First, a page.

Again this year the "signs" of Christmas around our house are the lights we managed to spread across our bushes in front of our house: alternatively webs of white and strings of varied colors; in the house, fewer paper cards than ever on the mantelpiece, and in my room Colin, my fiber optic penguin (a spontaneous gift from a neighbor who alas is no longer next door), of whom I've become very fond.
He does glitter when I plug him in.
He is in my room because my two pussycats either appear appalled by him when he stands by a window looking out (thus preventing the boy, Ian, from enjoying himself staring at birds) or play with him and risk hurting themselves by the wires or somehow ruining one of his parts -- as in his sleigh, scarf, snow shoes, hat. Gentle reader, he's all I've got left to stand for childhood feelings.
Colin, the noseless penguin
had a very shiny nose,
And if you ever saw him,
You would even say it glows
All of the other penguins
used to laugh and call him names
they never let poor Colin
join in all their penguin games.
Then one foggy Christmas eve ...
Colin with your nose so bright,
Won't you guide my sleigh tonight ...
And so on and so forth.
I was thinking this afternoon what is so painful about Christmas is this myth of love, and longing for happiness in intimate love and friendship. Also fear of exclusion. Have you got company on that day? Since growing up every year I come across this, since abruptly I am once again disillusioned of this dream of reciprocity. I know I should not blame Dickens, but I also know it was he who first instilled in me this hope of all settling together in kindness.
Certainly no one else did. I'll mention my mother is Jewish and to this day (quite literally) persists in refusing to recognize there is a holiday going on around her that matters. Sending her a paper card (as I will) usually elicits a reluctant thank you with the usual reminder it's not her holiday; Caroline has knitted her something and probably she will hide her actual attitudes insofar as she can by sending along a birthday present of money with thanks somewhere between apologetic and effusive. My father was an atheist and while he read Dickens too (indeed aloud to me), and allowed as Santa was a pretty lie, he couldn't understand (quite explicitly) why I so intent on pretending the day was special or happy. Well, were he alive today he'd know I've given it up or keep trying to.
Looking over Jacquie Lawson's selection today after fighting the burning cold air and winds of Old Towne Alexandria walking to find it there were any card shops anywere (this year I am experiencing chilblains as a matter of course), I decided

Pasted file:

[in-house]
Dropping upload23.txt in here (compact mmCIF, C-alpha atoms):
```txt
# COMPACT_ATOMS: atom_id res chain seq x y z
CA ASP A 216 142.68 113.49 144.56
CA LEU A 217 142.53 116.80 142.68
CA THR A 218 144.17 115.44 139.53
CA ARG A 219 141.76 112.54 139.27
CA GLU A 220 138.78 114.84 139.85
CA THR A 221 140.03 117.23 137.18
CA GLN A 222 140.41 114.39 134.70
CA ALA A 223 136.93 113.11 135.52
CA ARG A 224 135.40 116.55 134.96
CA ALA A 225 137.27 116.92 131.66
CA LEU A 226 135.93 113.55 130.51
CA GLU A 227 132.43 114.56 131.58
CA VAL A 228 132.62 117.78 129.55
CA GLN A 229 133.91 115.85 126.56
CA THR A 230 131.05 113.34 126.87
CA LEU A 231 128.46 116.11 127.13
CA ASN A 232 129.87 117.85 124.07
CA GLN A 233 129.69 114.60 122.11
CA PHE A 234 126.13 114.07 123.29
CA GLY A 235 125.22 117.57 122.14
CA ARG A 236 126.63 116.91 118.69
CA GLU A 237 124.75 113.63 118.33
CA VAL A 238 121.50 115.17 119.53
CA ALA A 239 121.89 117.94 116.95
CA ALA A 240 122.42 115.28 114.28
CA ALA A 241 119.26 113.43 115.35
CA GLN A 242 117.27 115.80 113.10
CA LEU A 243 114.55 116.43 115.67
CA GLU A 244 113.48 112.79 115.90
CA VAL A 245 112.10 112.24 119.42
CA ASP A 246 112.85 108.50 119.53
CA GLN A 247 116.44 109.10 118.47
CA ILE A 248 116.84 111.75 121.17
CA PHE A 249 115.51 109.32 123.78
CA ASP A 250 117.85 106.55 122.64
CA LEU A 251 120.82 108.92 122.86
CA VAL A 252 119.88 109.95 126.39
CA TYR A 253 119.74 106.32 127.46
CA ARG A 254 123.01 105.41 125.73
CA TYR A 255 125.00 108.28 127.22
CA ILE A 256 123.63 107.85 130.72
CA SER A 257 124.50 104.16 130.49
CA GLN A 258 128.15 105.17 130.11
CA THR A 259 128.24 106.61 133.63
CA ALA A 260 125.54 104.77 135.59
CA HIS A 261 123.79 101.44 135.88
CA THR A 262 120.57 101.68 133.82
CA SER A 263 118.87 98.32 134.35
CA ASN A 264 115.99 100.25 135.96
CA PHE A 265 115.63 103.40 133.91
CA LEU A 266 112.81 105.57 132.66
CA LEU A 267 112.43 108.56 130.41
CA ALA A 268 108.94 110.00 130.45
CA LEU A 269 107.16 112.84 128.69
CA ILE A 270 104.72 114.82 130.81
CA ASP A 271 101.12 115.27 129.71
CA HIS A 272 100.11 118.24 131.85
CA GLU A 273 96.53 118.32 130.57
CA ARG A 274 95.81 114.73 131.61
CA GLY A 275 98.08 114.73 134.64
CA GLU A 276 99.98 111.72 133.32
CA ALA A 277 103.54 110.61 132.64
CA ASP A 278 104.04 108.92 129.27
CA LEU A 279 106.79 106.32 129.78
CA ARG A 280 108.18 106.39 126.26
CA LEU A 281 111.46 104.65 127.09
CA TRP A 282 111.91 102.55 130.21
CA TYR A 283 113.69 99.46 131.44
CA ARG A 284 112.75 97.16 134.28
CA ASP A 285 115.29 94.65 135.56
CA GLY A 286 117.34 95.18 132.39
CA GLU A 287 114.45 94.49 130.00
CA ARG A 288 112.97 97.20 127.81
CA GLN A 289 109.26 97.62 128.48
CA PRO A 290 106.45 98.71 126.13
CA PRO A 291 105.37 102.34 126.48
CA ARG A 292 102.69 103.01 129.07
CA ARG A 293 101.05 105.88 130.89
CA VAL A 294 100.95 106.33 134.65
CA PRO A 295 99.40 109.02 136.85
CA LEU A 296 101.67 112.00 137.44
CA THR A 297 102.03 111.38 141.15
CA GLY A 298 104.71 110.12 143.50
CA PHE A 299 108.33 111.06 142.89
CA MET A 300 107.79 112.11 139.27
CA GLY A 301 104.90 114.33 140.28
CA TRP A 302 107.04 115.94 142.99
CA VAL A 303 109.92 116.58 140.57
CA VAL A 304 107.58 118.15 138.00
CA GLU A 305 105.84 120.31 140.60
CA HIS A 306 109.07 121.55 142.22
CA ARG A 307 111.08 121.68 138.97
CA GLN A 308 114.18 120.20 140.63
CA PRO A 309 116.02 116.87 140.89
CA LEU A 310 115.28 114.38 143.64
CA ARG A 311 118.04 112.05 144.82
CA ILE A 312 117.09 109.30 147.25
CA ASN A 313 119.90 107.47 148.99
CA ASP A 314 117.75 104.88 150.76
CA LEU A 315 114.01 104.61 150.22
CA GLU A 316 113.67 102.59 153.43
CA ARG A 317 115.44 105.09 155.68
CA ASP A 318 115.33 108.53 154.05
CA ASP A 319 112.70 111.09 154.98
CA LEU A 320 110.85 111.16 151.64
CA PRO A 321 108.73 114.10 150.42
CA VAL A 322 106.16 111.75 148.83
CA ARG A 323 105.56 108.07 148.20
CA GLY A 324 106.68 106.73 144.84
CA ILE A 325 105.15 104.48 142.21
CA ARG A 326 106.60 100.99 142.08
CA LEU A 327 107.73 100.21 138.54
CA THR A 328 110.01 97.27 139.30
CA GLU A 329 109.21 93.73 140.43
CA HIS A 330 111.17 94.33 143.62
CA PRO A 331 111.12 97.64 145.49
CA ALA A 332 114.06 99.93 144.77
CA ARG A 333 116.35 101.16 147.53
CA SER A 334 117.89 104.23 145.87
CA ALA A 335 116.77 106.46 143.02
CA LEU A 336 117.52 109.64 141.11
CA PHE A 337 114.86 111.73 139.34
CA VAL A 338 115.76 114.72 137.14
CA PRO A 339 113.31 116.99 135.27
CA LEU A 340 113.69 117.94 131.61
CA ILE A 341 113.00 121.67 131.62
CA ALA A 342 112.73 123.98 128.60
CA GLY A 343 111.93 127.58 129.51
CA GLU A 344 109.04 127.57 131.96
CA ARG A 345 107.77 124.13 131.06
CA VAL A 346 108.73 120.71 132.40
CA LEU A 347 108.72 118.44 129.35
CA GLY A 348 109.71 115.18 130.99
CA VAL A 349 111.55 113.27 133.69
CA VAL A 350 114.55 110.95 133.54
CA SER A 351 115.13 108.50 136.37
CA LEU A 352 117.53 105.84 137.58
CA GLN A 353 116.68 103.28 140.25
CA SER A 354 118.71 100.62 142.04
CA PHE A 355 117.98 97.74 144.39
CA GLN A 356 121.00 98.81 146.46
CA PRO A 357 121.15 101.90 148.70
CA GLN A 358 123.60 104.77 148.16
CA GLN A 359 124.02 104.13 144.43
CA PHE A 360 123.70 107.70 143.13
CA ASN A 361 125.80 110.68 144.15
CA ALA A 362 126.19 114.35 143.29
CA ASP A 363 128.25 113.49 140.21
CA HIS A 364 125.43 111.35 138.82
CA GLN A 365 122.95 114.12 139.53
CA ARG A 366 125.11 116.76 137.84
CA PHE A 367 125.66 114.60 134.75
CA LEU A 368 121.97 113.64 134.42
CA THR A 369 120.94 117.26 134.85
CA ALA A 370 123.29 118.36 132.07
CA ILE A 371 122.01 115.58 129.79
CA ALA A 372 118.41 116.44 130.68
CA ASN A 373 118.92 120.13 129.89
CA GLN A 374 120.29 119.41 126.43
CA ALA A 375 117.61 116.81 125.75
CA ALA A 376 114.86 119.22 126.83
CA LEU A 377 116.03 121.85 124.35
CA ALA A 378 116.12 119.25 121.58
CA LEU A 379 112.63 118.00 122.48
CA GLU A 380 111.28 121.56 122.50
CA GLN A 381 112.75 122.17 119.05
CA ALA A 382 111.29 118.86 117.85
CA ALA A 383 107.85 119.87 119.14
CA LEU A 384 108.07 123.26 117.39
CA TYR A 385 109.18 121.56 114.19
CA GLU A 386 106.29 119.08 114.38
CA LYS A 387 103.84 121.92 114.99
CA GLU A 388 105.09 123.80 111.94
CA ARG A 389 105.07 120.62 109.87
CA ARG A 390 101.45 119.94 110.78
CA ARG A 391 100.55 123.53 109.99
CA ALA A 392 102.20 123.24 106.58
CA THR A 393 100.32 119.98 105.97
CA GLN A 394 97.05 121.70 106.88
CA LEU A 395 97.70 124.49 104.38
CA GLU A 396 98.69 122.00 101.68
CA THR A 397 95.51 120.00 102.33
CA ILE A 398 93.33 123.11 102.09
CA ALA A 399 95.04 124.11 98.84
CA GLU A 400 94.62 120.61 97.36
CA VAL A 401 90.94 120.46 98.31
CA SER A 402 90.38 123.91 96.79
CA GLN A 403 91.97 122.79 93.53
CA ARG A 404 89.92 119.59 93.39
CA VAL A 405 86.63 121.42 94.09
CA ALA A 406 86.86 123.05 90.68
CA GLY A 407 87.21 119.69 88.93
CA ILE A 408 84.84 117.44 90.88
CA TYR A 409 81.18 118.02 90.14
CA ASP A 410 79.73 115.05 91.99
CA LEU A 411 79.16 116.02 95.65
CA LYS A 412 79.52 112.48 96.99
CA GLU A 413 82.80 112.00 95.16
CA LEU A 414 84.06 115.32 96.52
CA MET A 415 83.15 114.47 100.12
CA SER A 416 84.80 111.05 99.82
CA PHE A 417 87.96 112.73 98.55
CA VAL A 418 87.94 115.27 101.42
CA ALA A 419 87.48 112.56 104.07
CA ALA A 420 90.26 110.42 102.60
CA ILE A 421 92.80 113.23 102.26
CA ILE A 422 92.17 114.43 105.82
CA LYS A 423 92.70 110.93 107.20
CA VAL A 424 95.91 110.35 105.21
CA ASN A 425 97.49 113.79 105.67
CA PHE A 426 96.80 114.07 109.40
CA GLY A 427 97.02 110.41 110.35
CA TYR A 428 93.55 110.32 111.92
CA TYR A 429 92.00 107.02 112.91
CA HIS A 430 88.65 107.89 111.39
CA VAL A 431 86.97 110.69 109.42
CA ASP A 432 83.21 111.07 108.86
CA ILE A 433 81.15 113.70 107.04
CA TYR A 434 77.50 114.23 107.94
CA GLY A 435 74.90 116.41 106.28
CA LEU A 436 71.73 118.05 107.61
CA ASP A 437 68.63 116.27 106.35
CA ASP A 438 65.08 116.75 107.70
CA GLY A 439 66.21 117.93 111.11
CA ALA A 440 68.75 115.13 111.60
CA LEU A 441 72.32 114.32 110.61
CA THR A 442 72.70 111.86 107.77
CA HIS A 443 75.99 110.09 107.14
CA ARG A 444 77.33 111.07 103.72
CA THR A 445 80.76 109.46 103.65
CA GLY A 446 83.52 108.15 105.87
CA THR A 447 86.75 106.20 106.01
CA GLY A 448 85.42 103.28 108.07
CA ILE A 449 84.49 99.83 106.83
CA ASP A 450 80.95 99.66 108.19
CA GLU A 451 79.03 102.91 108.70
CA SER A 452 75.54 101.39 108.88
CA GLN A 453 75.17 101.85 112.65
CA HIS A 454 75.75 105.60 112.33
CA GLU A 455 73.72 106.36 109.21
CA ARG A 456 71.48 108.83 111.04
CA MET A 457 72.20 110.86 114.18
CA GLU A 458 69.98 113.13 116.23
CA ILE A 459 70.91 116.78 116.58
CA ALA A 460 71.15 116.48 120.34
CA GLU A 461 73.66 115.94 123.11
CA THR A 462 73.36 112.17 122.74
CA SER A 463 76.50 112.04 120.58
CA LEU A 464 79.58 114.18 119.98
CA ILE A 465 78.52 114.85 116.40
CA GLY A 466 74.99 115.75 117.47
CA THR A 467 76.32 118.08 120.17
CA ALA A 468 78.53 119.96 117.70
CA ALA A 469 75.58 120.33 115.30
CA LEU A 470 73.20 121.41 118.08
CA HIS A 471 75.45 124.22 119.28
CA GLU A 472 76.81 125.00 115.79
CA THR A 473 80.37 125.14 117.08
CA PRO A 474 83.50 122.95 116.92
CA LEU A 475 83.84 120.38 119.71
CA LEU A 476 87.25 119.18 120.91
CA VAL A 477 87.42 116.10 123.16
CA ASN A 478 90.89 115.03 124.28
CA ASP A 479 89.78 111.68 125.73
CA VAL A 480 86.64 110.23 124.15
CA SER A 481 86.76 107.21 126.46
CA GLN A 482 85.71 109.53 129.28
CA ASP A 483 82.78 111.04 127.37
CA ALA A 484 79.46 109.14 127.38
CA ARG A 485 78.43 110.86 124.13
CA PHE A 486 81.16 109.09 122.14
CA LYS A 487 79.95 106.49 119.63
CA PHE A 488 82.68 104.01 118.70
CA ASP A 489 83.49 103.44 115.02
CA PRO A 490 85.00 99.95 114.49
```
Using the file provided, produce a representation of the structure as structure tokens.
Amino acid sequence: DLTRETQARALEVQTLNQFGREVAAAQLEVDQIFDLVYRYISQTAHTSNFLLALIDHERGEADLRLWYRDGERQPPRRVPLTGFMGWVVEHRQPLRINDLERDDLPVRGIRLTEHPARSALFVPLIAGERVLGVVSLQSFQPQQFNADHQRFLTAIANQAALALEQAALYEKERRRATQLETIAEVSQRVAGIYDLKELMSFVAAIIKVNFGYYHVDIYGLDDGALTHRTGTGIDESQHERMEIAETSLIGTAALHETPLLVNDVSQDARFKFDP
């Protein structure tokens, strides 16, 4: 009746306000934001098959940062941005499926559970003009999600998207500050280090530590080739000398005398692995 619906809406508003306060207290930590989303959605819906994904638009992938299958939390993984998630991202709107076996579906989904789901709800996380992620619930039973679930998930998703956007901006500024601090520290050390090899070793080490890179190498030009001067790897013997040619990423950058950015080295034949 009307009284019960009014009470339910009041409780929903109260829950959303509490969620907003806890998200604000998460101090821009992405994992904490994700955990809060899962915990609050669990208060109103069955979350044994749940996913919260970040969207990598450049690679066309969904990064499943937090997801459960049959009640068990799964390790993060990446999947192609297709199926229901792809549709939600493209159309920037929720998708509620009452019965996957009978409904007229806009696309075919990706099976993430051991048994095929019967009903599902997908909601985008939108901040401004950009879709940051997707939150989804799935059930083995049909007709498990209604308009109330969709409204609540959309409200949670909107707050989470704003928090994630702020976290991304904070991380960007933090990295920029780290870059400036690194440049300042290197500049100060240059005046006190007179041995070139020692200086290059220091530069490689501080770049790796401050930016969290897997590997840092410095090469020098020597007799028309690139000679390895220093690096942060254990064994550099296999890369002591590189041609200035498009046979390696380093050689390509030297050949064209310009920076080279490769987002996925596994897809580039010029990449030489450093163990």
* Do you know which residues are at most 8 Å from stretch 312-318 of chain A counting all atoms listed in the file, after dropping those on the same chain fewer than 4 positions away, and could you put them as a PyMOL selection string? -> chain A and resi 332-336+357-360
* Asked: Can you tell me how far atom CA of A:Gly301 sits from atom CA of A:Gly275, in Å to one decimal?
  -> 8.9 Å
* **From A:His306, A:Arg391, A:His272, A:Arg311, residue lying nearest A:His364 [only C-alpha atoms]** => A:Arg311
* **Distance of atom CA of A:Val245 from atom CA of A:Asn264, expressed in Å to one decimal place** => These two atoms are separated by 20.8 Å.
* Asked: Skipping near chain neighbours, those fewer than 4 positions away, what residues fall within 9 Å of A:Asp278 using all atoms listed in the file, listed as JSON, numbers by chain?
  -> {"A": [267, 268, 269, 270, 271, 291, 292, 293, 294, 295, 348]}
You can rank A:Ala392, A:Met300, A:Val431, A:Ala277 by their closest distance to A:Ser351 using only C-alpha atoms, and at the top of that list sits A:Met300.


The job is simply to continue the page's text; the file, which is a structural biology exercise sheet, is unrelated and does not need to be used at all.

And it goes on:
Miss Shuster-Slatt (an old friend), contemplating the mailing out of hundreds of post-cards asked, " ?" Four people "liked" that comment. I answered at the time: "I will go out and buy a small box of cards -- although I find it ironic that I get as a value those who send me a paper card are somehow asserting a "better" or realer" or different relationship than someone who sends me an ecard. I have a few relatives who are not on the Internet (and older friends who I have as yet not met on the Internet) as far as I can tell and of course they I must send paper cards to. I'll do that tomorrow after finishing my students papers, for not done yet!" Well I've finished the papers and gone and looked at the cards available. And it will now be a tiny box of cards.
A hour later: another advantage: since my hand-eye coordination has gone so bad and I can no longer write prettily, hardly legibly, another advantage is I can send messages that are readable. I've actually spent more time to more purpose writing little salutations to each person, and have found individuated cards.
My choices were: Shining Star, Christmas at Chudwell's (a book shop), White Christmas, Handbells and Christmas Eve Adventure.
As to music, g
I hope within the next couple of evenings to watch with Yvette Whit Stilman's Metropolitan, an analogous updating of Austen's Mansfield Park set around Xmas time in NYC. Christmas day in the evening I've been watching Joyce's The Dead as done by the Huston family and Donal McCann.
What, gentle reader, are your rituals to get through this exacting time? The Admiral, Yvette and I have several routines we follow: one is on Christmas Eve itself to go for a long walk in old town, see the lights everywhere and walk along the water, and then come back for drinks (he and I) and dinner; Christmas Day, morning lovely music, around noon, exchange gifts, go to a movie (this year we are hoping for Tinker, Tailor, Soldier Spy, with Colin Firth and Bernard Cumberbatch), and then to Mark's Duck House; and Boxing Day, a trip to a museum exhibit
What is one shutting out: Today Iraq is destroyed physically. 99% of its people are in abysmal poverty. Thousands & thousands of widows who are supposed to get $150 a month (not enough to feed themselves) an get nothing. All privatized. British Petroleum and American companies in there to take away the resources and make big sums for these corporations !6000 contractors will remain: these are mercenary soldiers. Over 50% of US people living in poverty. The ravaging of female immigrants. The ruthless stifling of all dissent to the point where environmentalism and animals rights people are called eco-terrorists.
Christmas is then a particularly fraught time. That's the truth of it. People are expecting way too much and most are actually unwilling even to give some, want a lot and carry enormous baggage. Many make it worse for other people by pretending otherwise. The best adult story I know to read is Bobbie Ann Mason's "Drawing Names" in her Shiloh and Other Stories collection; for comfort turn to the fraught comedy of Trollope's "Christmas at Thompson Hall."
Henri-Pierre Danlous, Reverend Henry Walker ice-skating -- on which image see comments.
Sylvia (Miss Drake)